Practising creative writing on a digital Safari
‘The most powerful learning tool ever created’ is how Lord Puttnam described the video game. The use of this technology within the classroom has been gaining momentum in the UK over the last couple of years, this has been led by Scotland and the work of the then Consolarium who were at the forefront of this technology.
For the last six years, both as a practitioner and as part of my school community, I have been looking at the impact games can have across all areas of the curriculum. In this post, I am going to look at using it to engage writers and visit places from the classroom that would normally be inaccessible.
Using the Nintendo Wii and the game Wild Earth African Safari, my class and I were able to explore Africa. The learning rationale for using the game was simple; I wanted to immerse the children within a 'safari' to give them a stimulus for their writing and to extend their knowledge of habitats. When looking at the use of digital games for learning, the Wii is a good place to start: it connects to your interactive white board and enables the whole class to explore while one or two taking control. However, I was also drawn to this choice of game in part by the pupils.
I chose the co-operative mode to play this game, with one child being the photographer and the other 'driving' and navigating their way round. Throughout the game the children are reminded of the primary and their secondary objectives. There is also an environmental impact meter they need to be aware of that decreases as the players negatively impact the environment they are moving through (which can occur by disturbing other animals or causing too much noise). At timed intervals, the players' roles switch throughout the game. I also told the class that once those 'on' safari had taken five pictures they would also swap.
To maximise the learning based on the game, the class was arranged into five groups; three groups were 'on' safari, one group made notes describing what they saw using adjectives and adverbs, while the last group gathered facts about the environment or animals as was relayed by the game.
The pairs of children worked together well - they had to co-operate, and they also had to take their time as they soon realised that the controllers and the movement within the game were very sensitive. The rest of the class joined in with enthusiasm calling out - 'the baby elephant is over there!' while the note-taking groups frantically scribbled.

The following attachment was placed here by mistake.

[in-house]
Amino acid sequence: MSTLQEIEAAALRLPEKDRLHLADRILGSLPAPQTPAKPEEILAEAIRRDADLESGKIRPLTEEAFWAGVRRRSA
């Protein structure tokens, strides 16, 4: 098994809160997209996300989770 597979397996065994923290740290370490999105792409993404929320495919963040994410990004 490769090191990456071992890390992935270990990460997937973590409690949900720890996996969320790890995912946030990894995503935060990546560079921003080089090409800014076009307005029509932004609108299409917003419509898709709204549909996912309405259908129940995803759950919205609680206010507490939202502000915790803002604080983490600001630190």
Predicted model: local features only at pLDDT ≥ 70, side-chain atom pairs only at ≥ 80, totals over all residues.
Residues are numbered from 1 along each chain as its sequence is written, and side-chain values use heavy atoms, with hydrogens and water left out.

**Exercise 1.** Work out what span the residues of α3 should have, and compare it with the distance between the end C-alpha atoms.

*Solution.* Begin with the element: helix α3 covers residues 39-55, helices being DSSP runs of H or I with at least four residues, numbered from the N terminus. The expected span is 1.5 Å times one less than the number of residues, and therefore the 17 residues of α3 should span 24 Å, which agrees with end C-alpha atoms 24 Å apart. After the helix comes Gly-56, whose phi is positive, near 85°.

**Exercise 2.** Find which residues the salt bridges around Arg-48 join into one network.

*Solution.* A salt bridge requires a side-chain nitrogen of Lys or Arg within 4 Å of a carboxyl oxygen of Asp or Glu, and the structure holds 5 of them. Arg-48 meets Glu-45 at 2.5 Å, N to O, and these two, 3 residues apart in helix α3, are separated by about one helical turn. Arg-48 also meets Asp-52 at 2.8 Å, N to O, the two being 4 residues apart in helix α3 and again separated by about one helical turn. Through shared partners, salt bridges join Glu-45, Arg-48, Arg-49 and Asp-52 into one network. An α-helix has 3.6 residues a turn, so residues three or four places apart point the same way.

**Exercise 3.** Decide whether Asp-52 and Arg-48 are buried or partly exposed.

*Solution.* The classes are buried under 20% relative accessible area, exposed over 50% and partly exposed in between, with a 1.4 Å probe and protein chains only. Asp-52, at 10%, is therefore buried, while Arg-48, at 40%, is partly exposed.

After the hour 'on' safari, the groups went back to their table where they carried on talking about the game and sharing what they had found out - this was then shared with the whole class. A class fact file was assembled on elephants and those that had been in control talked about how they had felt, while those observing gave words to describe the scenery. The writing tasks that followed were an information page on elephants and a diary entry of our first day on Safari.
The benefits of this for a teacher are numerous. First, the children were in control of their learning - not only literally, but also when they decided where they would go collectively and when they were in charge of making notes, describing how they felt and what they saw. Equally, the writing they produced was fantastic.
The Wii was used multiple times over the course of the week with other activities, including debates on how to protect endangered species and environments, how we can look after our own environment and how to encourage animals to live in our habitat. Along with games, we also made use of online tools such as Google Earth, YouTube, webcams for watching animals live in the wild, Purple Mash and Switcheroo Zoo.
Using a game like this as a contextual hub for learning in the classroom is a very effective way of reaching out and enabling all learners to succeed and develop. It provides a clear focus with understandable links to their learning. It also allowed us to reinforce the idea that it is ok to say 'I don't know' and to 'fail' as long as the students tried again which the game, and games-based learning in general, allows us to do. It seems that Samuel Beckett's words are ideally suited to the class and games-based learning: 'Ever tried. Ever failed. No matter. Try Again. Fail again. Fail better.'
But you do not have to stop with a safari; you could also explore other places, like the Ocean depths by using Endless Ocean 1 or 2. This is already happening in schools across the UK. Examples of how these games have been used can be found here, here, here or even here.
Nesta's games in education blog series seeks to encourage a wider discussion. To share your thoughts, ideas and questions please comment below, or tweet using #gamelearning